12/17/2003

This Isn't a Fairy Tale, or, Why I think Sam getting a life is a good thing... for Sam and the ship.

I'm feeling the need to quote that William Shatner SNL skit these days. Not that I didn't expect "Grace" and "Chimera" to get danders up, but whoa. Some of the negativity I've seen directed at Sam is baffling me.

Okay, it's also really pissing me off.

Maybe it's because I've never seen S/J as a happily-ever-after hearts-and-flowers fantasy romance. Not that I don't want them to have a happily-ever-after, in that nebulous after-the-show-is-over sort of way, but right now the thing I love about them most is the deep, enduring friendship and affection that they've built over the years. And what I love best about it is that it's a dynamic that has never been dependant on an ultimate physical or romantic resolution.

Yes, I know, to each their own and so on and so forth, but for the love of little green apples, people, there's no need to pillory the poor woman just because she *gasp* has the nerve to look at another man.

So she meets this guy, falls head over heels with the blush of attraction; it's new, it's exciting, it's okay for her to feel. And it makes her think, makes her revaluate. It makes her start to wonder if she's given up too much. It makes her a woman who could potentially find herself resenting someone she loves because she's waiting for something she might never have. Maybe it's my own projecting, but I can see Sam going through this, making these choices, despite, or even because of how she feels for Jack. Really, it makes me appreciate Sam as a character even more.

Because, to be perfectly honest, Sam waiting or "saving herself" for Jack is hardly romantic. Sure, we the audience have some assurance that they'll get their chance, but the characters themselves aren't so omniscient. From their perspective within the narrative, there's no guarantee that they have a future together and they both know this. So it does sometimes come across that she's been holding a torch for this forbidden love all these years. And within the context of character and narrative development, I think THAT is actually the sort of self-destructive behavior that is the most detrimental to the character of Sam Carter.

And it's not, contrary to some belief, like they're dropping the whole concept on us with no lead up. Given the spoilers for Grace, and all the things that have happened over the course of the show, Sam stopping to think long and hard about her life, and what she wants from it, makes perfect sense to me. In fact, I'd be disappointed if they DIDN'T address it in some manner. As much as she may care for Jack, in Sam-the-character's perspective, anything more than their friendship may as well be a fairytale, given their current situation. And while I don't see Sam visibly whimpering and pining over Jack, I really do think that for her to wait for some romantic ideal the VIEWERS may want is the truly destructive behavior.

THAT, frankly, is what would demean the character and make her into the cliché. And you know, I think it's exactly that which AT meant when she said she didn't want Sam to become "Jack's girl." Because even now, even though there is no direct romantic involvement between the two, it seems like every decision the character makes is evaluated wholly in terms of how it affects Jack.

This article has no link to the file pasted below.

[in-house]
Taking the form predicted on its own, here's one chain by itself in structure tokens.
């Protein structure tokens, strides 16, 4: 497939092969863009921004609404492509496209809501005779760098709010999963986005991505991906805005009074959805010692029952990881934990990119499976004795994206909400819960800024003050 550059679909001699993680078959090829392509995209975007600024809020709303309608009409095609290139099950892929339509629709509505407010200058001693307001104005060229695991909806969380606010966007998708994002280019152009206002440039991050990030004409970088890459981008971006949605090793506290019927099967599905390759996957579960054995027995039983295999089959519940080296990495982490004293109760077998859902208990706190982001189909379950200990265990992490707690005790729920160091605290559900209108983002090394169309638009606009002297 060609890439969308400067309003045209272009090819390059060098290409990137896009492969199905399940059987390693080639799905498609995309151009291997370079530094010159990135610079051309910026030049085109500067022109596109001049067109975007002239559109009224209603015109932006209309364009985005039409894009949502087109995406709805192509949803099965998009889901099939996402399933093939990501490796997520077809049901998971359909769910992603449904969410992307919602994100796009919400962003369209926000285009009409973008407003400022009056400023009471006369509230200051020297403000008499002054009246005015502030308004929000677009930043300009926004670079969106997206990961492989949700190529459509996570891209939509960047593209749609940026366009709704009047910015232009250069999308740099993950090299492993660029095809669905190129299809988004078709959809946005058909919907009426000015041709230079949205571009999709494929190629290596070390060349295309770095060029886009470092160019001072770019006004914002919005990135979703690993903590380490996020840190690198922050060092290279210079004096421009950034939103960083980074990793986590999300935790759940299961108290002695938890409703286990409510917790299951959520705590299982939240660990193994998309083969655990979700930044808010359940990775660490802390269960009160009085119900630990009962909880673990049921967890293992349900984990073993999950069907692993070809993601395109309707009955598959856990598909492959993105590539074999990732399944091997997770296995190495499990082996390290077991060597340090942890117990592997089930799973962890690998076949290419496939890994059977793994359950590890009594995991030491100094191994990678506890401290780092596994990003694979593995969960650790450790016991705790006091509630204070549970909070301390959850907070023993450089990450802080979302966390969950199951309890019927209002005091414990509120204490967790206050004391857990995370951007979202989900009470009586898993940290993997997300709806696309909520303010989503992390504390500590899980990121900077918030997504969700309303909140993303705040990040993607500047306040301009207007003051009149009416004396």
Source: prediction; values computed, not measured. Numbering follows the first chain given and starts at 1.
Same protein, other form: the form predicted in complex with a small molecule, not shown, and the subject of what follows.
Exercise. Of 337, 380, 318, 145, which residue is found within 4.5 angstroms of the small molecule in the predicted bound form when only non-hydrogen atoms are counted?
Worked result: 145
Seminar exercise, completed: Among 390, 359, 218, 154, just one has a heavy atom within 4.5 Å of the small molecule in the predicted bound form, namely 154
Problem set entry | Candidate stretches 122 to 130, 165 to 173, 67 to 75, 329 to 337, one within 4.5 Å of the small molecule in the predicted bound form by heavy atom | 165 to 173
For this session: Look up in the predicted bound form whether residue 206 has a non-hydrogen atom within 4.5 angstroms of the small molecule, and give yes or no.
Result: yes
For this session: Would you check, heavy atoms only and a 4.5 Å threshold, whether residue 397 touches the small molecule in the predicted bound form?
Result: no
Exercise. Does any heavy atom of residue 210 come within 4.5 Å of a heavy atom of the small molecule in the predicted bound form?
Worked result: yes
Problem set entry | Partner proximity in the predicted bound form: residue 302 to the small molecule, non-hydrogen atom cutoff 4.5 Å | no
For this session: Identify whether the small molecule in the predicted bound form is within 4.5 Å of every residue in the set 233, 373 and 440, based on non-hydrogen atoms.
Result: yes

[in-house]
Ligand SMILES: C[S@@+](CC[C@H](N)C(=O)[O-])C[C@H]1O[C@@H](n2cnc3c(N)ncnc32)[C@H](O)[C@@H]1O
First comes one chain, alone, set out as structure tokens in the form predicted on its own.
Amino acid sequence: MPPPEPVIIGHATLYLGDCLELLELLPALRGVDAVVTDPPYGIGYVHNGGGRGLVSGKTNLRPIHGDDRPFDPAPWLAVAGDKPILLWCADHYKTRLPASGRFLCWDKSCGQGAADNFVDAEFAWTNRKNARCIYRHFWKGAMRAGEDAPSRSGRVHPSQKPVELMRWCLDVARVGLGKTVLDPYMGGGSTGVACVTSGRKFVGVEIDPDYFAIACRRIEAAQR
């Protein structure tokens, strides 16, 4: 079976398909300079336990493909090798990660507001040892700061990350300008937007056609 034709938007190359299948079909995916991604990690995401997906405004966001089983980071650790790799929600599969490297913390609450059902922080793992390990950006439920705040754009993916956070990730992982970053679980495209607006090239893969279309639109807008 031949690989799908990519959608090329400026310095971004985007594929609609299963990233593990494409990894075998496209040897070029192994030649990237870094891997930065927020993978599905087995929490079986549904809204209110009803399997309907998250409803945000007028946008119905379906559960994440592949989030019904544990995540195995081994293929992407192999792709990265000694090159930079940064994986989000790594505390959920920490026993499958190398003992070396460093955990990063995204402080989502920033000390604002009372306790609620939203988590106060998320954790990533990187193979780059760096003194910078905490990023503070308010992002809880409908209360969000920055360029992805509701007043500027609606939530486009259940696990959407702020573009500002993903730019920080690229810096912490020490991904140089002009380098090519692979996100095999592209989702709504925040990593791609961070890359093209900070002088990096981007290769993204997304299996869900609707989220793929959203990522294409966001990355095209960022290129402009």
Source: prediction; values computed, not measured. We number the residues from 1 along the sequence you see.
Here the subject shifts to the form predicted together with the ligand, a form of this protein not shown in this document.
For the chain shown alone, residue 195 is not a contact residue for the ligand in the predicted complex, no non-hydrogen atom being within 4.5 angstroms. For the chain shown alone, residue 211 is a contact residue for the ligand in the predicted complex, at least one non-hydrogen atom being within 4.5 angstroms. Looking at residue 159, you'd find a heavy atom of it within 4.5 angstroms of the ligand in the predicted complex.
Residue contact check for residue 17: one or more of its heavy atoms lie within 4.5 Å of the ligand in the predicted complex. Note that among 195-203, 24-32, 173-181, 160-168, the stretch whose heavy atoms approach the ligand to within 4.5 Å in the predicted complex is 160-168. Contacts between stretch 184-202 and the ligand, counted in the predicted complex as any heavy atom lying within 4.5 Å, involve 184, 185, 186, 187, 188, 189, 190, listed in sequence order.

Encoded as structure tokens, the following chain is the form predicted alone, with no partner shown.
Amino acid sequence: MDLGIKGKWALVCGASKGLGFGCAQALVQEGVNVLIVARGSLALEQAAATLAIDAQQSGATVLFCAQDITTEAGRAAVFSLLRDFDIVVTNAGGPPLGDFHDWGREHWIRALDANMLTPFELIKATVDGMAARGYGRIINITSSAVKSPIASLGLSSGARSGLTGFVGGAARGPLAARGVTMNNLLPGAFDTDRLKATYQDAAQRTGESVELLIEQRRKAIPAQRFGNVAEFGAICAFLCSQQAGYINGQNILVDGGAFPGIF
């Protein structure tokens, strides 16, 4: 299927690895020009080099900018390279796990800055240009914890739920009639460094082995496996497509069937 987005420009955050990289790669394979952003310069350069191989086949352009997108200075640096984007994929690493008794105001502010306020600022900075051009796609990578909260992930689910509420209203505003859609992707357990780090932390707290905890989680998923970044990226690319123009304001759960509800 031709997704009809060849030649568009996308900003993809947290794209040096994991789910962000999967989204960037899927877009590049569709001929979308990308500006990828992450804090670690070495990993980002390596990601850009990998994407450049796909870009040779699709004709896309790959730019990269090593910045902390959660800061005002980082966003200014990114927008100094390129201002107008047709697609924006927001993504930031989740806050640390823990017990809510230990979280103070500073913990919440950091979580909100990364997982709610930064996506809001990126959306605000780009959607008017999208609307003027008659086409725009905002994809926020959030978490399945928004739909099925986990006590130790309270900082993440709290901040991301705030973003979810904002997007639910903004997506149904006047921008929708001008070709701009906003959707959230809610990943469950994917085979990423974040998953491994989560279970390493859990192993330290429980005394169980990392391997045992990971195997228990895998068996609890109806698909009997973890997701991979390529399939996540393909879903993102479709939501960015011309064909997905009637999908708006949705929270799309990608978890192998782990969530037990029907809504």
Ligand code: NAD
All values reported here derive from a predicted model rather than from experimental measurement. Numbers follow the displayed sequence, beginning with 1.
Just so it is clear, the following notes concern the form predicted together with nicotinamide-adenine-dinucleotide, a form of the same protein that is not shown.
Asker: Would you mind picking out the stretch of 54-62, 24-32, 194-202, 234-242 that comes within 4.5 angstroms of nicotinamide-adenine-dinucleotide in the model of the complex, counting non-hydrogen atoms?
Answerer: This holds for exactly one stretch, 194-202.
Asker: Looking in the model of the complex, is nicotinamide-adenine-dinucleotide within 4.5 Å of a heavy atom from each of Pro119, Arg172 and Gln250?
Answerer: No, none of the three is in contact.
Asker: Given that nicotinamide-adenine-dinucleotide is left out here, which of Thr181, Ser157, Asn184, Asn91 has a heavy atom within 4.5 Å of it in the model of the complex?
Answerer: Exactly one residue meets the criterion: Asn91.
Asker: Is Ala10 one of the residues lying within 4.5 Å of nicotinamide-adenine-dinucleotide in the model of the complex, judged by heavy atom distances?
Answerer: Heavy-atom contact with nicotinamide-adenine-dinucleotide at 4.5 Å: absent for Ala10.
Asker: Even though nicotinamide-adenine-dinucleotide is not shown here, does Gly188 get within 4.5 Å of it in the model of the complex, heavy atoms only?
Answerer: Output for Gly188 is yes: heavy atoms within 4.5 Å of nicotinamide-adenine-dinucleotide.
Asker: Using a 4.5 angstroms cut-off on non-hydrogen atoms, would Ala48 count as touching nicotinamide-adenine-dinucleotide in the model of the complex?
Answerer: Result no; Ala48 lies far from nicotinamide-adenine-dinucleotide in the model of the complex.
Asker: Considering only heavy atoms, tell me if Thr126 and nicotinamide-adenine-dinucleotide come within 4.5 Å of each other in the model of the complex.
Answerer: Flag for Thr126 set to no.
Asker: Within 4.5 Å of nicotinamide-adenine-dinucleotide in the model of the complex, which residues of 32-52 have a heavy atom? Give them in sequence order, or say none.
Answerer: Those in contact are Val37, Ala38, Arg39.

Seriously folks, there is something wrong with this. Sure, we think it's clear she loves Jack and vice-versa, but they are NOT bound to each other. They haven't professed undying love, exchanged rings, promises, or even an "I love you."

I would even go so far as to say they're not "in love". I mean, really, how can they be, when they've never had a chance to interact outside the bounds of their professional relationship? What they do have is a wonderful affection, friendship and a bond that goes, in my opinion, deeper than any romantic proclamations. They have the potential instead of the kinetic.

And that doesn't mean she can't wonder what she's missing in her life. It doesn't mean she's a bad person, or that she's betraying Jack, or that she's leaping into bed just to get laid. It means Sam is just a woman going out and quite understandably trying to find out what she wants out of her life. It doesn't make her a hussy, a whore, or a cheat (And come on. You can't say she's having an affair when she's not in a relationship now. Oy).

It just makes her a real person, making real choices. It doesn't demean her, it doesn't invalidate the deep and abiding friendship/love she has for Jack, and it doesn't destroy the ship. From a storytelling perspective, it opens a new facet of Sam's character (and trust me, I've got a whole 'nother rant on the "But that's not Sam!" commentary I see going around), and it generates an invaluable dramatic component - conflict. Personal conflict for Sam, which will likely bleed over to a greater conflict, and subsequently growth, for the ship.

Really, people. It's not the end of the world. The sky is not falling, and the ship hasn't sunk. So leave the poor girl alone. She's not doing anything wrong.

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